Why are there ten numbers in the series? Why not six 21 binary number systems exercises nine? The answer is in your hands. Had we no thumbs, for instance, we would undoubtedly have developed an octal base 8 numbering system instead 21 binary number systems exercises a decimal one for our ordinary counting purposes. What would such a system look like?

Assuming the same historical development and the same conventions in ordering the series, we can surmise that it would be 21 binary number systems exercises to the decimal one:.

This is, in fact, an octal system of numbering which is used today in computer science. Note its similarity to the familiar decimal system. The unique single-digit series is again repeated indefinitely in the one's column; only this time the series has eight numbers instead of ten.

The decimal system is sometimes called base tenand the octal system, base eight. So where is the eight in the series above, someone might ask. It's just where you would expect it, right after the seven, just as the ten is right after the nine in the first series. But that looks like a ten, you object.

In base ten a "10" is a ten, in base eight a "10" is an eight. What about base five? Right, "10" is five; and so on for numbering systems with other bases. What about base twelve, you ask? Even there, a "10" is a twelve. With bases 21 binary number systems exercises than ten, alphabetic characters are used to "fill in the gaps", i. A is ten and B is eleven. Now let's take a look at base two, what is known as the binary system.

Just as there are ten numerals in the deci mal system, so are there two numerals in the bi nary system: Using the principles we have been developing, take a pencil and paper and write down what you think would be the first three numbers in the binary series of numbers, i.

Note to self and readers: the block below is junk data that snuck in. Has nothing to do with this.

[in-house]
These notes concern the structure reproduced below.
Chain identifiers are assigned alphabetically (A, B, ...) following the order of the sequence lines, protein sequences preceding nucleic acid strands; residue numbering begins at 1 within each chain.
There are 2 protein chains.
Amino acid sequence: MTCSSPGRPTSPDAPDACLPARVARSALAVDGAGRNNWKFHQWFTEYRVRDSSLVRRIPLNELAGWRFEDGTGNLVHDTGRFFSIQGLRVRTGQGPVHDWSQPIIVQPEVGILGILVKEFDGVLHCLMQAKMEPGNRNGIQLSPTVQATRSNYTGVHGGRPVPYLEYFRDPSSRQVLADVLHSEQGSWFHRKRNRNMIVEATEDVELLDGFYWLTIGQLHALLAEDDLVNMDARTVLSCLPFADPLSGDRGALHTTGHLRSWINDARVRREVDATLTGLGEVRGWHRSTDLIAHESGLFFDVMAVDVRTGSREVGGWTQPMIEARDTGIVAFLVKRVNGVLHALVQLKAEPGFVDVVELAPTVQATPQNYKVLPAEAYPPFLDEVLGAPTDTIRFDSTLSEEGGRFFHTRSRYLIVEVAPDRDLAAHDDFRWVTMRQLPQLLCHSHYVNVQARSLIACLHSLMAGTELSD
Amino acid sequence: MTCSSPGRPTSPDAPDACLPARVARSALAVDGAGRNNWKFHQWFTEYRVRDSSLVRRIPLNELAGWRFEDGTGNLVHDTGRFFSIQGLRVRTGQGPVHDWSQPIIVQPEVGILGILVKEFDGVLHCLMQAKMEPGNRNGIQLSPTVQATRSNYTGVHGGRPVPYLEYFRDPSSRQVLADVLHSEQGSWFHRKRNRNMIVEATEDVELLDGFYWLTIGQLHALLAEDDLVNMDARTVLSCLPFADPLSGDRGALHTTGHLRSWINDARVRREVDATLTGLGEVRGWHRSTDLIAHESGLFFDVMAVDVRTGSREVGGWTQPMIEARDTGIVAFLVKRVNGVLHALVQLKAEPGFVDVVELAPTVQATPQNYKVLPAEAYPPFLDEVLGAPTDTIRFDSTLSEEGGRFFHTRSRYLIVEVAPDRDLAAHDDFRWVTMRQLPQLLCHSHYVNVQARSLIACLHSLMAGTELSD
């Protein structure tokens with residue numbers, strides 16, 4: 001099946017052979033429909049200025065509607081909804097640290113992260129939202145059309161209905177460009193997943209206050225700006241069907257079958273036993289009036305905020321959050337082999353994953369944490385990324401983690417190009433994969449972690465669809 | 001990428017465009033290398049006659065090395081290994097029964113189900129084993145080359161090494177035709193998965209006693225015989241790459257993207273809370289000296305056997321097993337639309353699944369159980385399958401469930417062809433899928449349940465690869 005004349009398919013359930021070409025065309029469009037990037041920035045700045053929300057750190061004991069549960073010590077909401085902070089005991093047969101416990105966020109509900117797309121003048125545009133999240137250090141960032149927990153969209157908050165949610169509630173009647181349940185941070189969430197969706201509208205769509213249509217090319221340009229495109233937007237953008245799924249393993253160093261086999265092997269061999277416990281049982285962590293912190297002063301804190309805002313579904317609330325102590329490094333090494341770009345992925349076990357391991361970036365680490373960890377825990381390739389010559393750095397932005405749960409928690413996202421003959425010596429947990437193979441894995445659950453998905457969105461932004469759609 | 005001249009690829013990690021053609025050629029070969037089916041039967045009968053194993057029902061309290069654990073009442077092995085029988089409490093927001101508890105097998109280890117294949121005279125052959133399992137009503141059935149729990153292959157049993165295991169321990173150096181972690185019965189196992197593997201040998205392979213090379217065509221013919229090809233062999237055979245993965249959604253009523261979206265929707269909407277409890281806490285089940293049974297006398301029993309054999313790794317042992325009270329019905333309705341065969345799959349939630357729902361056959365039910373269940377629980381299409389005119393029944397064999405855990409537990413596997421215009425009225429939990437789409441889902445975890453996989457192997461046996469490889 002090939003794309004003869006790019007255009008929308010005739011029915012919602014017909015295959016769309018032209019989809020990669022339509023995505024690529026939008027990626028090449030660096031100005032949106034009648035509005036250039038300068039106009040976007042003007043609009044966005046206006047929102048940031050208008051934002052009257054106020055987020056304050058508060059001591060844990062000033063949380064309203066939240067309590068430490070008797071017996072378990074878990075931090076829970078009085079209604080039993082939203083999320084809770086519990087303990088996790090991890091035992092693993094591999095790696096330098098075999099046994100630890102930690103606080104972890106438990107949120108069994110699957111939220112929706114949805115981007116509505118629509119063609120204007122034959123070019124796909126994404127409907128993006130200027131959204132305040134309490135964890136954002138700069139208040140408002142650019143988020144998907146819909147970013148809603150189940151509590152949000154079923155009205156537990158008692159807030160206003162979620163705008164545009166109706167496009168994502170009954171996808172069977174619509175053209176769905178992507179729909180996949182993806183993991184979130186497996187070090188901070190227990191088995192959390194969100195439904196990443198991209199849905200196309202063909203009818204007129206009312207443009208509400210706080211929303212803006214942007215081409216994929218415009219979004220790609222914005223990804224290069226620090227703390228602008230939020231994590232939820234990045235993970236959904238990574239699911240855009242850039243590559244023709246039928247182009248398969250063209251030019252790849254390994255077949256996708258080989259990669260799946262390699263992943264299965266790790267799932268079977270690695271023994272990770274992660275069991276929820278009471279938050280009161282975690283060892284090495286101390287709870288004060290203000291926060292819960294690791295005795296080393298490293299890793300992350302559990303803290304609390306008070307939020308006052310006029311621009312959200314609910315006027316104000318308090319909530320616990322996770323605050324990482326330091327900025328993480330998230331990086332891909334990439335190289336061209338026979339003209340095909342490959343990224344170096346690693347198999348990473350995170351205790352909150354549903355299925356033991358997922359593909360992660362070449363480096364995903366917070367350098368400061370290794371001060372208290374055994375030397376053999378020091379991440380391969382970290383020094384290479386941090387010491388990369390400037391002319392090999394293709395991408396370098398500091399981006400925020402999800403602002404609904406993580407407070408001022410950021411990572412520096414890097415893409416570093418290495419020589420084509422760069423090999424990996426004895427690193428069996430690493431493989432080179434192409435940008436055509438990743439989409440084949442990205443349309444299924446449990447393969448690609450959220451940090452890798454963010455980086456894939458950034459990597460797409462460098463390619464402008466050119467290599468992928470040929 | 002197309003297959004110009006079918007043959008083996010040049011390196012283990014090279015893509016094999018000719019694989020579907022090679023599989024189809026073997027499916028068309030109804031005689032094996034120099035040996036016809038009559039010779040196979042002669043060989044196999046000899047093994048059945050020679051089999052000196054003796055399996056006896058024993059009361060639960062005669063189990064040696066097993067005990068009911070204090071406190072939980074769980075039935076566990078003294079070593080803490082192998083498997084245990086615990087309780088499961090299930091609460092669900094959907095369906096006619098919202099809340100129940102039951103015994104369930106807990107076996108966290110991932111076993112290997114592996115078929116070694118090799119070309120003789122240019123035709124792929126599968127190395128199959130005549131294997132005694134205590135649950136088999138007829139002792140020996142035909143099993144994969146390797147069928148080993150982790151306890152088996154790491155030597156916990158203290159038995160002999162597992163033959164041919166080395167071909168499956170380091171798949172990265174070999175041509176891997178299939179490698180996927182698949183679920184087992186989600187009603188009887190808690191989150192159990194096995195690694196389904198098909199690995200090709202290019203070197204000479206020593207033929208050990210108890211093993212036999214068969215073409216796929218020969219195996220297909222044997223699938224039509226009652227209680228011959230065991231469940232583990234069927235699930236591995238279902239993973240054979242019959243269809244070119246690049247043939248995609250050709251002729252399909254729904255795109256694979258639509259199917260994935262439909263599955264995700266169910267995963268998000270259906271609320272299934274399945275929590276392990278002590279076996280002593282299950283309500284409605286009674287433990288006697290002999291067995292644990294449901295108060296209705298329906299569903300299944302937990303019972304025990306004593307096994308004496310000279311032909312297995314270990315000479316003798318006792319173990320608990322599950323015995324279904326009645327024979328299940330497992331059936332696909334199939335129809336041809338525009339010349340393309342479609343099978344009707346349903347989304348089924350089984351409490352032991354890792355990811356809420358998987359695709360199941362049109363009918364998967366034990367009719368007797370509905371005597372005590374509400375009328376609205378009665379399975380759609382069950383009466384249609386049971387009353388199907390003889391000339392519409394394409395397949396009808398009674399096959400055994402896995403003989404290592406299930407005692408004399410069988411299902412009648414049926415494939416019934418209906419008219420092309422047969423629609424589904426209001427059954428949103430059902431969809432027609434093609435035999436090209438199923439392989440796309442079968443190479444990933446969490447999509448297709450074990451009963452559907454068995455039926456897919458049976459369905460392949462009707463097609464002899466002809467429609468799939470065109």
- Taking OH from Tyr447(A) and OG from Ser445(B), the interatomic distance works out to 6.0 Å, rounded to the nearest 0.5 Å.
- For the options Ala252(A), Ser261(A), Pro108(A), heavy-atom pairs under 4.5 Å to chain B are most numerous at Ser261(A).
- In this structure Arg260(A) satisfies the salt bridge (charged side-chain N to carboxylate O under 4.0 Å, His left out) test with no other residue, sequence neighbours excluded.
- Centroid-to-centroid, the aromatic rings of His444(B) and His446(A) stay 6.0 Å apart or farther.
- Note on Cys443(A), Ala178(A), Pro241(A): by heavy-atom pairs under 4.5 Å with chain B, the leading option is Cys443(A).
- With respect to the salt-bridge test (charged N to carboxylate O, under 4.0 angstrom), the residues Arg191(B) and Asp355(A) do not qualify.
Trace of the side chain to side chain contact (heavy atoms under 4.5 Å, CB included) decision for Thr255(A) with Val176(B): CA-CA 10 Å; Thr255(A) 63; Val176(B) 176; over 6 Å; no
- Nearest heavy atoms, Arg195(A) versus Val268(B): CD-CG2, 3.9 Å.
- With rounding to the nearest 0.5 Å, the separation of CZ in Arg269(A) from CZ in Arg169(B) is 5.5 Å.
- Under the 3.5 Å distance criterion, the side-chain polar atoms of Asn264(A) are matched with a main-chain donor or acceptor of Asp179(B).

You should have the following series:. Just as a "10" is a ten in base ten and a five in base five, in base two **21 binary number systems exercises** "10" is a two. And two follows one, just as expected. We had ten numbers in the unique single-digit series in base ten, and eight numbers in the 21 binary number systems exercises single-digit series in base eight. Likewise, we have two numbers in the unique single-digit series in base two. If the similarities continue, we can expect this series to be repeated indefinitely in the one's column.

Indeed, with the addition of "three" the series becomes. We see that the pattern in the one's column continues: What about the second "column" or "place", just to the left of the one's column? Here we see two and three represented by what look like ten and eleven to our "decimal eyes". Since these correspond in a way to the decimal teens, can we expect the next parts of this series to be the "twenties"?

If so, we could expect "20" and "21" to be the next numbers in this series; but there is no numeral "2" in base two. We have just seen that two is represented in base two by "10". Do we then replace the "2" in "20" and "21" by "10" to get "" and ""?

Can you guess the next number in the series? One way to think about it is to continue the analogy in which we said that "10" and "11" correspond 21 binary number systems exercises the decimal teens and "" and "" correspond to the decimal twenties. We could then expect the "thirties" to follow, 21 binary number systems exercises we would need a three concatenated with a zero.